Are you an eco + social impact brand getting started and need some good tips to design your logo? Here’s a step by step guide of what you should take into account!
It should be evident from the very first impression if your company is doing something important—like trying to pursue Earth-friendly practices. And, eco-friendly businesses should have a logo that hints at that commitment. This post will look at tips on creating an eco-focused logo design to appeal to your Earth-conscious audience.
Why You Might Need an Eco-Focused Logo
Even if you are a sustainable or responsible business, you don’t actually have to use a logo that clearly signals that characteristic to your audience. However, a logo should give an immediate first impression of your brand to a potential customer. Eco-focused behavior is highly valued by many consumers and could be a huge selling point for your company.
Creating an eco-friendly logo design doesn’t have to mean earthy colors and incorporating plant illustrations. You won’t be extremely limited in your design, because you can always use some aspects of an Earth-friendly logo and not all of the elements suggested below.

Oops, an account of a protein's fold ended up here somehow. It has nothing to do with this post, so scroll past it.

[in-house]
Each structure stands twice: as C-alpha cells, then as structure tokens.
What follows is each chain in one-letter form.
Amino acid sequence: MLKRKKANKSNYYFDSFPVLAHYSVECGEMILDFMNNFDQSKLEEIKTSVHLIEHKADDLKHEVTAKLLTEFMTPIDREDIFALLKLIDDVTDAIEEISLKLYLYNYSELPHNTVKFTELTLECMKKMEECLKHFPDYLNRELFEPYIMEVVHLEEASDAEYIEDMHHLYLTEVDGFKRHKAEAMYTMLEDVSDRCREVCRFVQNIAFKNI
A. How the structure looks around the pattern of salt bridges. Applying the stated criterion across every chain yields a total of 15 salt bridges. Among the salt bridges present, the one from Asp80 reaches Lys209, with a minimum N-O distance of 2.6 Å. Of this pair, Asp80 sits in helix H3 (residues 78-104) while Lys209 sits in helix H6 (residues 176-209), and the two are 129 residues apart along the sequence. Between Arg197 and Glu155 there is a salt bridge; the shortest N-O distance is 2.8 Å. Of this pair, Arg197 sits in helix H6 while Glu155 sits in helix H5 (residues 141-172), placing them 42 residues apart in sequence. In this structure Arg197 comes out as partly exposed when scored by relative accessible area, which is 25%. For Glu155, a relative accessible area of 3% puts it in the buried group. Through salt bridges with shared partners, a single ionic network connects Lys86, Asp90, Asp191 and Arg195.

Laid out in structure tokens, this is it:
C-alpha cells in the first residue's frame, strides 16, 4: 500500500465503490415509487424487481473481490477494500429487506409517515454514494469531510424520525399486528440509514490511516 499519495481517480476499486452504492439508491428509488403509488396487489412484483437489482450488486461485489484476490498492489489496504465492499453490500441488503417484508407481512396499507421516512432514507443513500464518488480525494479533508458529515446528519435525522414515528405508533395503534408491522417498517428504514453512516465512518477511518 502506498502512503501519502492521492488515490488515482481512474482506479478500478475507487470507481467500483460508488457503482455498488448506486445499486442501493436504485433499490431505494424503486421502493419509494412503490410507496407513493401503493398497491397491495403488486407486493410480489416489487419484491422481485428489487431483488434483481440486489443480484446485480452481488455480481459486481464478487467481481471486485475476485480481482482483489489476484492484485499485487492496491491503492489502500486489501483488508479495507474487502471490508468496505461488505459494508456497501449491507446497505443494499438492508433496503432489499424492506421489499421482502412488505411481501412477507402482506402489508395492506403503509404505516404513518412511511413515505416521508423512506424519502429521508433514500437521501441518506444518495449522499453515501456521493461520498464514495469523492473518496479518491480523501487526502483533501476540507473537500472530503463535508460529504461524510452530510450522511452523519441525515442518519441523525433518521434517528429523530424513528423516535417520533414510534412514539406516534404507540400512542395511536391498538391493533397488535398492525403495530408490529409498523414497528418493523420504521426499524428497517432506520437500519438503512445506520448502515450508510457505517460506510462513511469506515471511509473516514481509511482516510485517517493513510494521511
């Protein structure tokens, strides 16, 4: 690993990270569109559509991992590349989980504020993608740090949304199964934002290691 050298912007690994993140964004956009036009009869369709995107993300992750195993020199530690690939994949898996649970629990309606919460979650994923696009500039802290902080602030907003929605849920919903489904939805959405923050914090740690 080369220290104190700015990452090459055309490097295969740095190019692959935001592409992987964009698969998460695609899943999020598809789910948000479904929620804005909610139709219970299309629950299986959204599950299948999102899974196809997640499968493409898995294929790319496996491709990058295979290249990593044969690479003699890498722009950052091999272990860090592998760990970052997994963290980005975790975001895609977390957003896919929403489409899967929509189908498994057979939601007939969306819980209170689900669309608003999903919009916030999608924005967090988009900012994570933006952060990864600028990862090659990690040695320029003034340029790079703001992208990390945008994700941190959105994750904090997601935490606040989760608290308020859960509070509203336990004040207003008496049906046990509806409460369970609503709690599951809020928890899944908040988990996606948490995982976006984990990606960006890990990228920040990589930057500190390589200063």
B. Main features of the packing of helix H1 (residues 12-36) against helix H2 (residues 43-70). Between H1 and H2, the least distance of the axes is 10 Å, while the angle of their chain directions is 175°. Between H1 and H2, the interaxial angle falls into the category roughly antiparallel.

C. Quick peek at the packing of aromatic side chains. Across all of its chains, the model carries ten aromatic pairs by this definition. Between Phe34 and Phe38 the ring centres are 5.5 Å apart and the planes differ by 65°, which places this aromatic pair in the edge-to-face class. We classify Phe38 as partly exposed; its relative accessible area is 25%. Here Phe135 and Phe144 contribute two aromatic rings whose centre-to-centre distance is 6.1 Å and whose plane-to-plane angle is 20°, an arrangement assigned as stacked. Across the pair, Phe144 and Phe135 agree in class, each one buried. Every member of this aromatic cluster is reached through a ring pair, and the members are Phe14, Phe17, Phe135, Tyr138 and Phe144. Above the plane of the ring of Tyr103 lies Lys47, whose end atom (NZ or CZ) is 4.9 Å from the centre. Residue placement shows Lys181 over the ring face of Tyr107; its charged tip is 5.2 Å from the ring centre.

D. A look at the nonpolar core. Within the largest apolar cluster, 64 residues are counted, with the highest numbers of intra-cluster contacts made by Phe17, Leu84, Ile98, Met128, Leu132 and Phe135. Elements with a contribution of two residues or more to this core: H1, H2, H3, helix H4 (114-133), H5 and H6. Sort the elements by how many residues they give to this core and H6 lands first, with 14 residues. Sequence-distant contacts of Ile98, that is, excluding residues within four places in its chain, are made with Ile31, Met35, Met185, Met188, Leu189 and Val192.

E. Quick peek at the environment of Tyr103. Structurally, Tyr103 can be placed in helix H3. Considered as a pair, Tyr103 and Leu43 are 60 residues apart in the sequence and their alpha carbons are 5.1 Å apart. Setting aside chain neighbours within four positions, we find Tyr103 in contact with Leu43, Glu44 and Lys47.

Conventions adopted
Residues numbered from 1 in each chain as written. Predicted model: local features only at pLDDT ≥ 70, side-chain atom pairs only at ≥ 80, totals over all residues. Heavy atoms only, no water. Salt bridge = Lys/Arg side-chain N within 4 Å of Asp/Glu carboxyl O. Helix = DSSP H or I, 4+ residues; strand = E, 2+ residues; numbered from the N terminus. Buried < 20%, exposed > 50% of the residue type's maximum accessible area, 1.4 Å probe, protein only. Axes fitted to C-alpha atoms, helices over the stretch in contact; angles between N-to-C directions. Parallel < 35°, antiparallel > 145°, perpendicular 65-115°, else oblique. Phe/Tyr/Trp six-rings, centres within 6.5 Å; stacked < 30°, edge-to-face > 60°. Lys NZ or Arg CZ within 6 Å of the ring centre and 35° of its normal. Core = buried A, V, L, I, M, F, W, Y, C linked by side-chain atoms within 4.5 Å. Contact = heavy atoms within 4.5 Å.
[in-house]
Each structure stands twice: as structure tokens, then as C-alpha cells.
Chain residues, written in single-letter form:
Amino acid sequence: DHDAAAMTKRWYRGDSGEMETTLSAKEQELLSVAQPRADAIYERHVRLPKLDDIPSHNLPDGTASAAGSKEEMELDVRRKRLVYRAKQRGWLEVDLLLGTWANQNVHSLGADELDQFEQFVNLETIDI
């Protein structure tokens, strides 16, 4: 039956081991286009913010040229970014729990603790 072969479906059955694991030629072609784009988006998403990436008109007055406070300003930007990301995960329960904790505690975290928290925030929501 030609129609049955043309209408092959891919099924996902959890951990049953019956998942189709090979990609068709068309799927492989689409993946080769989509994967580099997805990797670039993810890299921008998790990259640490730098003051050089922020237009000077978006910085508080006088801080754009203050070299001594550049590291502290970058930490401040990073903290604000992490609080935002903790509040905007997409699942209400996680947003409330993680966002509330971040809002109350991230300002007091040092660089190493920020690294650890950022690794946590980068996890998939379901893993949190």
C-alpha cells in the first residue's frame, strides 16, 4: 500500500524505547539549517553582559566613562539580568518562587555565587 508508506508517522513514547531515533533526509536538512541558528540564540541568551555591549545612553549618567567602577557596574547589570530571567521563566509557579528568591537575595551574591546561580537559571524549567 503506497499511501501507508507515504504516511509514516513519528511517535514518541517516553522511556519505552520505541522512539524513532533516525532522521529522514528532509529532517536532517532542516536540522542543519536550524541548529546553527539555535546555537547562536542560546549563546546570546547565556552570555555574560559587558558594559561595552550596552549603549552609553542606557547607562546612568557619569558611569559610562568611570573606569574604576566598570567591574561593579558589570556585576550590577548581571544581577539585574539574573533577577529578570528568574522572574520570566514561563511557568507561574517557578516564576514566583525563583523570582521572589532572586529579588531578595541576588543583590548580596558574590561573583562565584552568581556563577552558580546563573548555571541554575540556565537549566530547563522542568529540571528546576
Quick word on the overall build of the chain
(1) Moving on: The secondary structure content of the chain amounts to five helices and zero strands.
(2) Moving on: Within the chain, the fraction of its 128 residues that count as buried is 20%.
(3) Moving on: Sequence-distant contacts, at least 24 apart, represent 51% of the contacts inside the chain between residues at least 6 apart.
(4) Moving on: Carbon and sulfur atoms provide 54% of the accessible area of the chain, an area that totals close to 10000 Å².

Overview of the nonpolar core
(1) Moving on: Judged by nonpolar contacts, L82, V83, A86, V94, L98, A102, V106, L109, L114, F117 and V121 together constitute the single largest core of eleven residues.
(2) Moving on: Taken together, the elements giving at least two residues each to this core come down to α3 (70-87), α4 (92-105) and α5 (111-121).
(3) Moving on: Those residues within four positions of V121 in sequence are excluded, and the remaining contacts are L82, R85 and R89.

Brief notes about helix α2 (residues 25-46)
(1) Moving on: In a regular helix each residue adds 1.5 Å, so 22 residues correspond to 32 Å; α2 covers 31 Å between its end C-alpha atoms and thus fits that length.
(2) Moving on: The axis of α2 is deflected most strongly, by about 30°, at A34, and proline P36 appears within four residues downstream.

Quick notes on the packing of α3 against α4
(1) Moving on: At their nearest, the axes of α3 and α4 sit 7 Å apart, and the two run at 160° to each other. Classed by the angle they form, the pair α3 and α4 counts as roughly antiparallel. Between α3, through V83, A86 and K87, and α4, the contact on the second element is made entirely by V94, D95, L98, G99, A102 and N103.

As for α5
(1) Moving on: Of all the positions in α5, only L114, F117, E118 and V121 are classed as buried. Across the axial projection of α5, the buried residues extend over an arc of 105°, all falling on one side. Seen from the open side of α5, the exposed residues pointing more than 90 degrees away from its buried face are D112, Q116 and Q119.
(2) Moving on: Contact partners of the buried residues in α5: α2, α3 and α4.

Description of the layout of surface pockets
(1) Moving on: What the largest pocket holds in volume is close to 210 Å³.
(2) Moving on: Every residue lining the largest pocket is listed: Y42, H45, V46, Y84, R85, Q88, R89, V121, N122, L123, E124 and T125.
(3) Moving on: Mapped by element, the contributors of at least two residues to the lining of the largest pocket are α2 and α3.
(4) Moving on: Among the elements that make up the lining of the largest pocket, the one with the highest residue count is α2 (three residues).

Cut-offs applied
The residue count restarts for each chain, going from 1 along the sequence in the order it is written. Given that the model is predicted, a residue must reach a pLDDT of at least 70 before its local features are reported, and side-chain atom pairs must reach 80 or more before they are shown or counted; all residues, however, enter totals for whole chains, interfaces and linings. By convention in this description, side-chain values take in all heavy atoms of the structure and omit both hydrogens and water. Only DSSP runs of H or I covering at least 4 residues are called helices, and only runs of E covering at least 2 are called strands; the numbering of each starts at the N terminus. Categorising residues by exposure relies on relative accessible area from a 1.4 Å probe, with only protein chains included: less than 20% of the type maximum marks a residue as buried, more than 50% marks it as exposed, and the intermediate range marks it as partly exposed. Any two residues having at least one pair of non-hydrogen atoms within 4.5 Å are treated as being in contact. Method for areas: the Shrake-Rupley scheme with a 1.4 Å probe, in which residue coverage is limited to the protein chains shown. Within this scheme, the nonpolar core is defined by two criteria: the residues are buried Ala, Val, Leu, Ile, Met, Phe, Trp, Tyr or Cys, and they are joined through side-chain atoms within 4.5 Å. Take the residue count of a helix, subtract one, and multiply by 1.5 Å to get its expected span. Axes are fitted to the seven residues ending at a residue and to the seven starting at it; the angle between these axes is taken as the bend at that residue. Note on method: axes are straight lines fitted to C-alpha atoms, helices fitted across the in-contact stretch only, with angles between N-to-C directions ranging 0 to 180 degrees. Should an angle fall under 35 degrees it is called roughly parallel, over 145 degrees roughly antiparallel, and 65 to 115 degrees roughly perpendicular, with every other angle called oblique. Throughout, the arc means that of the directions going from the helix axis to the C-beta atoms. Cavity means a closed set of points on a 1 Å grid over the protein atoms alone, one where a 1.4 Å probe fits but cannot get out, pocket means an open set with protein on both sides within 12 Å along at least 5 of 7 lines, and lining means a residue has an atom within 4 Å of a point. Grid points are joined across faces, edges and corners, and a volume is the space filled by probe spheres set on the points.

71% of consumers say they prefer buying from companies aligned with their values. Millennials put even more weight on this issue, with 83% stressing the importance of value alignment.
Your logo should convey something important to your company and meaningful to your audience. Another poll from 2019 found 81% of consumers expect brands to be environmentally responsible. And that number is on the rise, since 50% of people in 2021 say they’ve become more eco-conscious since the pandemic hit.
How to Create an Eco-Friendly Logo
So, what exactly does the right logo look like for an eco-focused company? Here are a few key design elements that can help your logo show off your Earth-conscious approach.
Add a little white and brown to any color, and you get a slightly muddier version of it. Soft and muted colors can express your brand’s commitment to Earth-friendly behavior. A softer olive or sage green can represent the natural beauty of plant life. Dusty blue, sandy coral and French grey are all examples of how you can take colors and shift them into hues that symbolize a commitment to nature. Explore muted colors that look more organic and avoid extremely bright colors.